This text is part of:
Table of Contents:
1 The preservation of Homer's Poems by memory, and not by his own writing them down, and that thence they were styled Rhapsodies, as sung by him, like ballads, by parts, and not composed and connected together in complete works, are opinions well known from the ancient commentators; though such supposal seems to myself, as well as to Fabricius Biblioth. Grace. I. p. 269, and to others, highly improbable. Nor does Josephus say there were no ancienter writings among the Greeks than Homer's Poems, but that they did not fully own any ancienter writings pretending to such antiquity, which is trite.
2 It well deserves to be considered, that Josephus here says how all the following Greek historians looked on Herodotus as a fabulous author; and presently, sect. 14, how Manetho, the most authentic writer of the Egyptian history, greatly complains of his mistakes in the Egyptian affairs; as also that Strabo, B. XI. p. 507, the most accurate geographer and historian, esteemed him such; that Xenophon, the much more accurate historian in the affairs of Cyrus, implies that Herodotus's account of that great man is almost entirely romantic. See the notes on Antiq. B. XI. ch. 2. sect. 1, and Hutchinson's Prolegomena to his edition of Xenophon's, that we have already seen in the note on Antiq. B. VIII. ch. 10. sect. 3, how very little Herodotus knew about the Jewish affairs and country, and that he greatly affected what we call the marvelous, as Monsieur Rollin has lately and justly determined; whence we are not always to depend on the authority of Herodotus, where it is unsupported by other evidence, but ought to compare the other evidence with his, and if it preponderate, to prefer it before his. I do not mean by this that Herodotus willfully related what he believed to be false, (as Cteeias seems to have done,) but that he often wanted evidence, and sometimes preferred what was marvelous to what was best attested as really true.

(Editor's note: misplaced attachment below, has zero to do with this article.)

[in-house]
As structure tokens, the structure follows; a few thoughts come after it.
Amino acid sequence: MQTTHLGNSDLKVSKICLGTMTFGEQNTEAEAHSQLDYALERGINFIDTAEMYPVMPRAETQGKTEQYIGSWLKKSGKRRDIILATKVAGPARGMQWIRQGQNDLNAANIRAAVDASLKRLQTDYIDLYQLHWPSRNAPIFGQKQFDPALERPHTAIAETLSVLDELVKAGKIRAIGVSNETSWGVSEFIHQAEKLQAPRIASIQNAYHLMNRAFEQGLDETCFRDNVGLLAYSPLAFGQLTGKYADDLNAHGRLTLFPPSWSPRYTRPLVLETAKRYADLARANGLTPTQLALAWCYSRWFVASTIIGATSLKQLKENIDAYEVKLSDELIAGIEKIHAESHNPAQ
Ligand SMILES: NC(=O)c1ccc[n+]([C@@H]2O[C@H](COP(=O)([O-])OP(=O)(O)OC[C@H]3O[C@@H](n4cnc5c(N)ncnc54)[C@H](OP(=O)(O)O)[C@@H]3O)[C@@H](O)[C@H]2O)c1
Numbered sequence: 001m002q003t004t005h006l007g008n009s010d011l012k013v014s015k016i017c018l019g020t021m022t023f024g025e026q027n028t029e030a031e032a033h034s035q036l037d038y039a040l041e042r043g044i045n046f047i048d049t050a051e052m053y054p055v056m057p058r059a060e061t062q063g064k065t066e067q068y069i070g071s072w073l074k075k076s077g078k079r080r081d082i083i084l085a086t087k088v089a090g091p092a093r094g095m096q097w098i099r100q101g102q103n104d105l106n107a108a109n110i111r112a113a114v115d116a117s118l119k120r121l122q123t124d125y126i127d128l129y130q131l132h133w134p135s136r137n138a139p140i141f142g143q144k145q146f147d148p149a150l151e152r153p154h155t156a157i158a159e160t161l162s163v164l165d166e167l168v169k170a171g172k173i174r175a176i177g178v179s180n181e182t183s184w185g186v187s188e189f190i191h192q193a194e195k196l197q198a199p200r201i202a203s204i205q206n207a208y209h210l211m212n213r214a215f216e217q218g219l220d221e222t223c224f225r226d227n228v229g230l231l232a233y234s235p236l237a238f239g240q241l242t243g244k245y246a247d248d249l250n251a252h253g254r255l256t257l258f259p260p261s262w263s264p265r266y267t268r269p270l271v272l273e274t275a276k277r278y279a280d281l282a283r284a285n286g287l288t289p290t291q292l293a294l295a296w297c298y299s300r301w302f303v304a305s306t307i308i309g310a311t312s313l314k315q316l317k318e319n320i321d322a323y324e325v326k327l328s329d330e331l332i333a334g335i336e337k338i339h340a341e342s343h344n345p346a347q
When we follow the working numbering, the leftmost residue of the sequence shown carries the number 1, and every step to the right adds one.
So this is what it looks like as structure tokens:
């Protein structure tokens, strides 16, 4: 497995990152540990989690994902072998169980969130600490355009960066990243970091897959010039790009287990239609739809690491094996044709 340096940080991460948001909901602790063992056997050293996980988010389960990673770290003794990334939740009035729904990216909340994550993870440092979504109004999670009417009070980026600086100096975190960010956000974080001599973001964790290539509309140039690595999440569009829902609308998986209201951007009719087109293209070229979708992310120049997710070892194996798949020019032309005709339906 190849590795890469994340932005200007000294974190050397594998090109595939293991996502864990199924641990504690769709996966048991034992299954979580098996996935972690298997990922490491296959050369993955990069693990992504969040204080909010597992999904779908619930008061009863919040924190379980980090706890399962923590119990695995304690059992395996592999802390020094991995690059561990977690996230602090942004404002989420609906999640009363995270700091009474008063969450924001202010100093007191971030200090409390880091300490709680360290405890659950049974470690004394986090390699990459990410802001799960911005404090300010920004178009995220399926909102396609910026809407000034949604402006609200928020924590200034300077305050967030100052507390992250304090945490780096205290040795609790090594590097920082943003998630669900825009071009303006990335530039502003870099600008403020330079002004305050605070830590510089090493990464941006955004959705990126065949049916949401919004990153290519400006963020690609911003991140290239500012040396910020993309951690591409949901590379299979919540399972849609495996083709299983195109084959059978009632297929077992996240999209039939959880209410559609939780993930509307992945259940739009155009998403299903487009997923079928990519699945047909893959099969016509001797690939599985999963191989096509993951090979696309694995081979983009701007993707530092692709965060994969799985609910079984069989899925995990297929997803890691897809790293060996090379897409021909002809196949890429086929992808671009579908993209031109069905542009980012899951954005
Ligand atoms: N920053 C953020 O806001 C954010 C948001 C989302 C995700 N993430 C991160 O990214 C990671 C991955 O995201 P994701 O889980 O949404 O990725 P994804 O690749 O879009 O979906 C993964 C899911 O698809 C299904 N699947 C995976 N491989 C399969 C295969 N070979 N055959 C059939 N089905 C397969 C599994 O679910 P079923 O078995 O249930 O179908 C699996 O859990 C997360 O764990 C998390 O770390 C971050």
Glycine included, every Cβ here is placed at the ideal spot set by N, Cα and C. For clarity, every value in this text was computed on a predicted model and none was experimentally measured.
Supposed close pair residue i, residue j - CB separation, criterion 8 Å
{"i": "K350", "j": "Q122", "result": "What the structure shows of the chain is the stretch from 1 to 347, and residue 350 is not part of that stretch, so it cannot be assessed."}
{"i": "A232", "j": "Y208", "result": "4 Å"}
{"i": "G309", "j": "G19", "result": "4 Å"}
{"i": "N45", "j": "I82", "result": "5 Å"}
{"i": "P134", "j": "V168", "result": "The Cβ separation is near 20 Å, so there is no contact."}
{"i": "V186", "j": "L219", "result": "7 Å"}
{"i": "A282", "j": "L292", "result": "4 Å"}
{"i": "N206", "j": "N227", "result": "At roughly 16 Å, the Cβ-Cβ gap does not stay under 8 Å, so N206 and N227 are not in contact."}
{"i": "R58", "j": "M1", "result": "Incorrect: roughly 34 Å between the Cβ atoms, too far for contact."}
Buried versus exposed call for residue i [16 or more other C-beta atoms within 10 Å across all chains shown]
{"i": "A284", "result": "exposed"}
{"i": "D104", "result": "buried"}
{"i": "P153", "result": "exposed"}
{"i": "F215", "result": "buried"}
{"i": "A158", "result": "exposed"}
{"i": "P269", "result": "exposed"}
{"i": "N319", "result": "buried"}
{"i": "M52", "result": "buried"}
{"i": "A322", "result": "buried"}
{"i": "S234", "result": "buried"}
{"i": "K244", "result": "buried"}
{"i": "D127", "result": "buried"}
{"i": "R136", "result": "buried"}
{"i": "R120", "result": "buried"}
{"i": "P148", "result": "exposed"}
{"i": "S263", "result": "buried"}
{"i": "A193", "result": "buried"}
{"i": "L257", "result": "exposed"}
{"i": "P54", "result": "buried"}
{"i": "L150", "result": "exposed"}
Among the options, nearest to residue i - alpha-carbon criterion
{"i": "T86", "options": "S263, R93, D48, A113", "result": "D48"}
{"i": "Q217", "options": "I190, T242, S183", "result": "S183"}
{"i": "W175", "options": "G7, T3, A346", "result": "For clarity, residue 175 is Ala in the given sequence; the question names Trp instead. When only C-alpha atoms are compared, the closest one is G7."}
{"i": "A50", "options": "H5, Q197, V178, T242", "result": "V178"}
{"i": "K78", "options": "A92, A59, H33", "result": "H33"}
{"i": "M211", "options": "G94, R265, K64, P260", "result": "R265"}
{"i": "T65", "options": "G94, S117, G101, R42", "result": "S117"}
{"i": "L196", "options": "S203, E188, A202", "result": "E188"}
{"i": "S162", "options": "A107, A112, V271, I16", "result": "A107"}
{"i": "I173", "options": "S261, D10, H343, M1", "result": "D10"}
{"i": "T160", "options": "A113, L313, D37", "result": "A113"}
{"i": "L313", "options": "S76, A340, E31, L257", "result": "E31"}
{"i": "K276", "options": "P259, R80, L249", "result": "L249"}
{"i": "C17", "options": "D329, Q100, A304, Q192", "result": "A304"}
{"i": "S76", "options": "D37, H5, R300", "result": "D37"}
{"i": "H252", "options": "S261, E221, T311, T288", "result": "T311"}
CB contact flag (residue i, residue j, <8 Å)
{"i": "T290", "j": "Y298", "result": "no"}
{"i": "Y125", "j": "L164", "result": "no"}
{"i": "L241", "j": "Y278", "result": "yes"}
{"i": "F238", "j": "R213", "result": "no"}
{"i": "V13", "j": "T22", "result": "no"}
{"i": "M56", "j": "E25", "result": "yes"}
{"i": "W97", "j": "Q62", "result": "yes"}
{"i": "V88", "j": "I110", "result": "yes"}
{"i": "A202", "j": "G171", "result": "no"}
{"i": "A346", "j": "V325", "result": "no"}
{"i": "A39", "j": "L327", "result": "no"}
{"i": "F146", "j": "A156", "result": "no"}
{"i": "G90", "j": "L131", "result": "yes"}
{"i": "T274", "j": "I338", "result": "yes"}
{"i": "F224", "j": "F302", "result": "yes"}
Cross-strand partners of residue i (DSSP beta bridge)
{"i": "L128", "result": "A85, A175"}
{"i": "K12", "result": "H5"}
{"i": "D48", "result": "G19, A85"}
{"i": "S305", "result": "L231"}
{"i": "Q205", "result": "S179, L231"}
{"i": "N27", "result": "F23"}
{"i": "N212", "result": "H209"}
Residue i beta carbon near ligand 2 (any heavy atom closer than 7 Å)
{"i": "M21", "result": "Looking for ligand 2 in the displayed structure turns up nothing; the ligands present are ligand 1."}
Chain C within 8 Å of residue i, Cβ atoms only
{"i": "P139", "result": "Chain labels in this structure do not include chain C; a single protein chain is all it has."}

This work is licensed under a Creative Commons Attribution-ShareAlike 3.0 United States License.
An XML version of this text is available for download, with the additional restriction that you offer Perseus any modifications you make. Perseus provides credit for all accepted changes, storing new additions in a versioning system.